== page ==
Idea for a short story/imaginative essay? ?

Idea for a short story/imaginative essay? ?
I’m suppose to write a short story or imaginative essay for my English class. What would you write about if the story was called:
The Stranger
Into the Darkness
The Fog

What I need is ideas for story’s that would go with one of these titles thanks 🙂

For The Stranger, I would write a story about a little girl who walked home from school in the country, and each day with her friends, they see a strange, twisted little silhouette in the window of a strange, twisted little house, whom they call the Stranger. They make up play-stories about him, and he could be an old man or a young one, horribly ugly or dreadfully handsome, depending on their mood that day. And one day, the little girl’s friends are ill, and she walks home all alone, and there is no silhouette today, and near the mailbox is a strange old man with a wandering eye and a withered hand. He invites the little girl to hear a story, and she says no, and so he smiles, shakes his head, and says, “Now miss, I know you’re not supposed to talk to strangers, but please indulge an old man with too many stories in his head. Sit in front of the fence while I sit behind it, and I will tell you a tale.” The little girl nods, and he says, “I’m going to tell you a story. It is a lie. But not all of it is false…” and he tells her a story. She lags behind from her friends so she can hear the Stranger’s stories. One day, her mother finds out and is furious at her talking to strangers, so she asks the police who lives in that house. They respond that no one had lived there for years, but an old storyteller had lived there long ago. The mother is adamant, and when they search the house, they find no signs of life, except for a small, neat stack of papers on the floor, ink still fresh and gleaming. On the top of the first page, the title is written in elegant, spidery writing. It is “The Stranger”. The first line is, “I am going to tell you a story. It is a lie. But not all of it is false.”

For Into the Darkness, I would write about a man in the prime of his youth, handsome and debonair. One day, he meets a beautiful woman who has lost a precious ring in the deep woods. In an attempt to impress her, he declares that he will find it for her. He packs and sets off into the woods, winding his way through the trees, and it starts to get very dark, and when he thinks he can go no further, he sees a gleam on the forest floor. It is the ring. When he leans to pick it up, there is a horrible howl, and a figure that seems to be cut out of pure darkness descends on him. “How dare you steal from me!” it shrieked. Terrified, the young man explains his plight about the woman. He begs for his life. The shadow thinks for a while, and finally says, “All right. Take the ring for your lover, thief though she is.” The man thanks the shadow profusely, but it holds up a hand. “But as punishment for your insolence, you will never be able to stand in the dark again. Not nighttime, nor shadow, nor shade, lest my servants rip you to pieces. This will start at midnight. Go. Go!” And the man runs back to his house, lights every lamp, and presents the ring to his sweetheart. They eventually marry, but the man always has lamps. He never steps in the shadow of a tree, even on the hottest of days. But the shadows whisper to him. He becomes haggard and somber, always listening to the whispering shadows. Eventually he is sitting in his bedroom, alone, the only light a candle. A wind gusts through the window, snuffs out the candle, and plunges him into the darkness. The last thing he hears is the familiar laugh of the shadow.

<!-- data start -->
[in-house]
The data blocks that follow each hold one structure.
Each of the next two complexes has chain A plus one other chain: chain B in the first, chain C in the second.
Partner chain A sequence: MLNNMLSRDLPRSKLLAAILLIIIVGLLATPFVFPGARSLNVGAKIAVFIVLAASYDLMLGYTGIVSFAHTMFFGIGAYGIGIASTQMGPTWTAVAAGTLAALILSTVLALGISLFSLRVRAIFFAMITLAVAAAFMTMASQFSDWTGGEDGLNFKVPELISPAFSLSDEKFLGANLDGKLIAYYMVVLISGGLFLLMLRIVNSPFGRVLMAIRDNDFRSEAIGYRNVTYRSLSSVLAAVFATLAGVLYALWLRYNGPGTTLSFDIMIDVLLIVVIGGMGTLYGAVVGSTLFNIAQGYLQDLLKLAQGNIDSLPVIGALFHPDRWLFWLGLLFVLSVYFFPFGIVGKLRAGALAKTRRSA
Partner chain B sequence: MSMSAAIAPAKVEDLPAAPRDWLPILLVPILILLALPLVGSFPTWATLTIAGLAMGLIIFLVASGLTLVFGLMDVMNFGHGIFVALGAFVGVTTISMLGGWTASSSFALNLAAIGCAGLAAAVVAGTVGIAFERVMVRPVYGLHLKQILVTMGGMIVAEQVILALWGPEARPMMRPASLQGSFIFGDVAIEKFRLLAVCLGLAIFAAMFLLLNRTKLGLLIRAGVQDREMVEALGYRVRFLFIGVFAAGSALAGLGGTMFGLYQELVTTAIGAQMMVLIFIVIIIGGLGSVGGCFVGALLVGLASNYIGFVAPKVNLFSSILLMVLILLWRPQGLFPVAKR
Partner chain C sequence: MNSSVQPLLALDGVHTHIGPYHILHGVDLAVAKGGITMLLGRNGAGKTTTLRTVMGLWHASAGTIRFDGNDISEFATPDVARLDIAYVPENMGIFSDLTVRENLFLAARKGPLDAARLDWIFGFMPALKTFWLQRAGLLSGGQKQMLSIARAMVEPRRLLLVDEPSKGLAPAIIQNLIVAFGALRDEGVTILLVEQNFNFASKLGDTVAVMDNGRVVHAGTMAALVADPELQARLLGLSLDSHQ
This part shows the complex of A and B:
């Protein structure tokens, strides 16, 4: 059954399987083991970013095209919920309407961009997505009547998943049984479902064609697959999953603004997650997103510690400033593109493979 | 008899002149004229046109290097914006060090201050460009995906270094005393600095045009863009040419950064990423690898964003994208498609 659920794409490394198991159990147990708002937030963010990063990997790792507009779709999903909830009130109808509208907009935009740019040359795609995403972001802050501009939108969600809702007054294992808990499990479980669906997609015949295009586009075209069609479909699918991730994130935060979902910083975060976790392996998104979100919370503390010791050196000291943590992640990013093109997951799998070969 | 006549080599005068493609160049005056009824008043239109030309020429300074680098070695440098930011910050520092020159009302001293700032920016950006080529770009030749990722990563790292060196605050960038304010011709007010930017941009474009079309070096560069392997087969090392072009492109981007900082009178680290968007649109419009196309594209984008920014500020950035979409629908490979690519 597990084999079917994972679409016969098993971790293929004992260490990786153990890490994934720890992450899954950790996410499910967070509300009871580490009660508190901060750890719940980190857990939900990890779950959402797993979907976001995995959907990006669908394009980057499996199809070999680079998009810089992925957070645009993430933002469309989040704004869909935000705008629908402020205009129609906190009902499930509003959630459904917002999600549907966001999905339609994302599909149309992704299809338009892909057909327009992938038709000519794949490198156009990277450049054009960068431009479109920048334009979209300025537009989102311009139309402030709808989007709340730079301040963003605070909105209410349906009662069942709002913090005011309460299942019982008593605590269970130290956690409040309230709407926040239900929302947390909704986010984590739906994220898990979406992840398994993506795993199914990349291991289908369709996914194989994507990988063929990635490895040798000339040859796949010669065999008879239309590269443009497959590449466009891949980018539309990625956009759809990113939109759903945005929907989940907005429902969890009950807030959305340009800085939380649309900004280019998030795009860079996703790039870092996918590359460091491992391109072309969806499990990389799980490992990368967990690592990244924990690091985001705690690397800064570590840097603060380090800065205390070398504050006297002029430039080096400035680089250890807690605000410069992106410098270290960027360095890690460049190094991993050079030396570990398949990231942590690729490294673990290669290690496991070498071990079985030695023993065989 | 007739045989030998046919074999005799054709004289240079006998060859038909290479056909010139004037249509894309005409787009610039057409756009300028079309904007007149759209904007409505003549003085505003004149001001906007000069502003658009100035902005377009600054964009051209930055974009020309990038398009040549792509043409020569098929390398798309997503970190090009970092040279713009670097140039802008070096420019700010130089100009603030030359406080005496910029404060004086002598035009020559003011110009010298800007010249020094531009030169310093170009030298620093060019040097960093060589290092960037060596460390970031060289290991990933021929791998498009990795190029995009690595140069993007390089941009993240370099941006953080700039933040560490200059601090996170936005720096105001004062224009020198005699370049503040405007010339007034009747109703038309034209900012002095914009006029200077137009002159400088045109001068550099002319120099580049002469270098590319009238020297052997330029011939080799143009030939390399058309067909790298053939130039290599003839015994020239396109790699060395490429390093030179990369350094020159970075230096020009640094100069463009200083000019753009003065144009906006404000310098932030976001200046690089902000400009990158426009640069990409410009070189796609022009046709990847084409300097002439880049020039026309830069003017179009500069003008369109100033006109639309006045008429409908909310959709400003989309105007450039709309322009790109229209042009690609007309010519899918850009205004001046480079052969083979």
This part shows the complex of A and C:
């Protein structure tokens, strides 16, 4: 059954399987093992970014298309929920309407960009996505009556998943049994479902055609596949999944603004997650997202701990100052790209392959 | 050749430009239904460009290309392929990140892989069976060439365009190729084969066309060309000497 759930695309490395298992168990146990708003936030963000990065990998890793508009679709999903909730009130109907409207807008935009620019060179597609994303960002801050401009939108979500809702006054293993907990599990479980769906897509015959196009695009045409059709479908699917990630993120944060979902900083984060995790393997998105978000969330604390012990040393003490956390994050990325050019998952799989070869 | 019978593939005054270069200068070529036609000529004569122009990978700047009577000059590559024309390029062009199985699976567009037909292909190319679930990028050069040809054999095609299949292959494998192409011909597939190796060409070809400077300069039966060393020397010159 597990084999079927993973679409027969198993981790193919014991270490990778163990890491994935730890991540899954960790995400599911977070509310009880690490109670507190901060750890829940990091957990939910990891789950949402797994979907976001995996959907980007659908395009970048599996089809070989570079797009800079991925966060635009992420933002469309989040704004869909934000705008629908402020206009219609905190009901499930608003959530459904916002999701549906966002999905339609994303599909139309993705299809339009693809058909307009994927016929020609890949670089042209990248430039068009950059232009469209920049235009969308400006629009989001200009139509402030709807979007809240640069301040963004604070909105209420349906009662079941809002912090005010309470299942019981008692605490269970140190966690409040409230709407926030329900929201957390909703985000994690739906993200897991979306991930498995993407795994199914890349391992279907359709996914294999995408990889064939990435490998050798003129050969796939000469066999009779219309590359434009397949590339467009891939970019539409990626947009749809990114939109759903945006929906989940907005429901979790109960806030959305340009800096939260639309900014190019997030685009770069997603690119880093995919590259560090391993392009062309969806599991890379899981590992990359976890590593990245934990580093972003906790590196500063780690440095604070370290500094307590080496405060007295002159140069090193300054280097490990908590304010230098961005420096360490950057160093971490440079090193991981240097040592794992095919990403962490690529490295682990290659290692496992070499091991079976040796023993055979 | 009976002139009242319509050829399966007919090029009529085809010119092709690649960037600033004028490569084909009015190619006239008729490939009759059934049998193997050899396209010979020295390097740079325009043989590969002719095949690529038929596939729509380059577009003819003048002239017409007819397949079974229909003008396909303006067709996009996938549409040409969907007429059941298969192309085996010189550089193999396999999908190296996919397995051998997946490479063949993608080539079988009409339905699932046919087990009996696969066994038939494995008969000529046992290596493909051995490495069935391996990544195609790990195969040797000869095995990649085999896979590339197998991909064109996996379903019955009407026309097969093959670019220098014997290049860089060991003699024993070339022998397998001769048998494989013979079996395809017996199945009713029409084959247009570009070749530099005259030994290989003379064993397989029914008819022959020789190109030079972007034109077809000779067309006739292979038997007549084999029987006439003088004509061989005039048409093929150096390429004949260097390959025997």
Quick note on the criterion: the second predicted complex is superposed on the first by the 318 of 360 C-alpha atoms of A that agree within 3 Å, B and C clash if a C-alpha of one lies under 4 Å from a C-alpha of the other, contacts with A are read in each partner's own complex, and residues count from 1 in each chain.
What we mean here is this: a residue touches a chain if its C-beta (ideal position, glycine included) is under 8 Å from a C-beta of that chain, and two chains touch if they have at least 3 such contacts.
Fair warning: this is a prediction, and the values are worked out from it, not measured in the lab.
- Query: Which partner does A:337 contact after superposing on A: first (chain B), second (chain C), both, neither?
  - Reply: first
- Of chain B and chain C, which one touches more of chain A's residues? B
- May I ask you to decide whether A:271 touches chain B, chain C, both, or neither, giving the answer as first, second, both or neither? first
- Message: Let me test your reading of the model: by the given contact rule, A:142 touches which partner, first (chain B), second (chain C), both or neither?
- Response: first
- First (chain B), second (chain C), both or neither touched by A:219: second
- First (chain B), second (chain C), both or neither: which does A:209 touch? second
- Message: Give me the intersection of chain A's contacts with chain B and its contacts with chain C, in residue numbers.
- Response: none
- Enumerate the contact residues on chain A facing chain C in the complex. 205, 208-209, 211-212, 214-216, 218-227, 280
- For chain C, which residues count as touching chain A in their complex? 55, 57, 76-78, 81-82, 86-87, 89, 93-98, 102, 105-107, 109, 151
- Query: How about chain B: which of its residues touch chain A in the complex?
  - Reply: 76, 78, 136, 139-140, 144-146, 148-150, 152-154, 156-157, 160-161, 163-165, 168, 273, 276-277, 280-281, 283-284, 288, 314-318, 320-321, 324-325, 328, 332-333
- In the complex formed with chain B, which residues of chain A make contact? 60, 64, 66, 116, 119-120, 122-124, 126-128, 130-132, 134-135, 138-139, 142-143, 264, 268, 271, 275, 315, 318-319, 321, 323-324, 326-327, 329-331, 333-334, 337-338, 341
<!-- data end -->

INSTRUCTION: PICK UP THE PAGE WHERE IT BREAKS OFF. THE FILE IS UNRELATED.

For the Fog, I’d go for something more sci-fi as opposed to the fairy-tale-types I’ve presented to you. In the city, where the smog is dense and one cannot see a hand-span in front of their face in the early morning. People wear gas masks if it’s the wrong color. No one is to leave their houses if the fog is black, as that is the deadliest kind. However, there’s been reports of a mysterious knocking on the doors during these “blackouts”, and sightings of a little boy in a gas mask. One day, a kindly old woman lets the little boy in, and asks him to take off his mask. He refuses. She insists, until she reaches towards him and gently pulls it off. The boy’s face is not a face at all, but a roiling, tumbling expanse of black smog. “Thank you,” he says, and the black smog dissipates, and there is nothing left of him but his clothes. There is never smog in the city again.

I don’t know if you like those kinds of stories, but there you go. Good luck!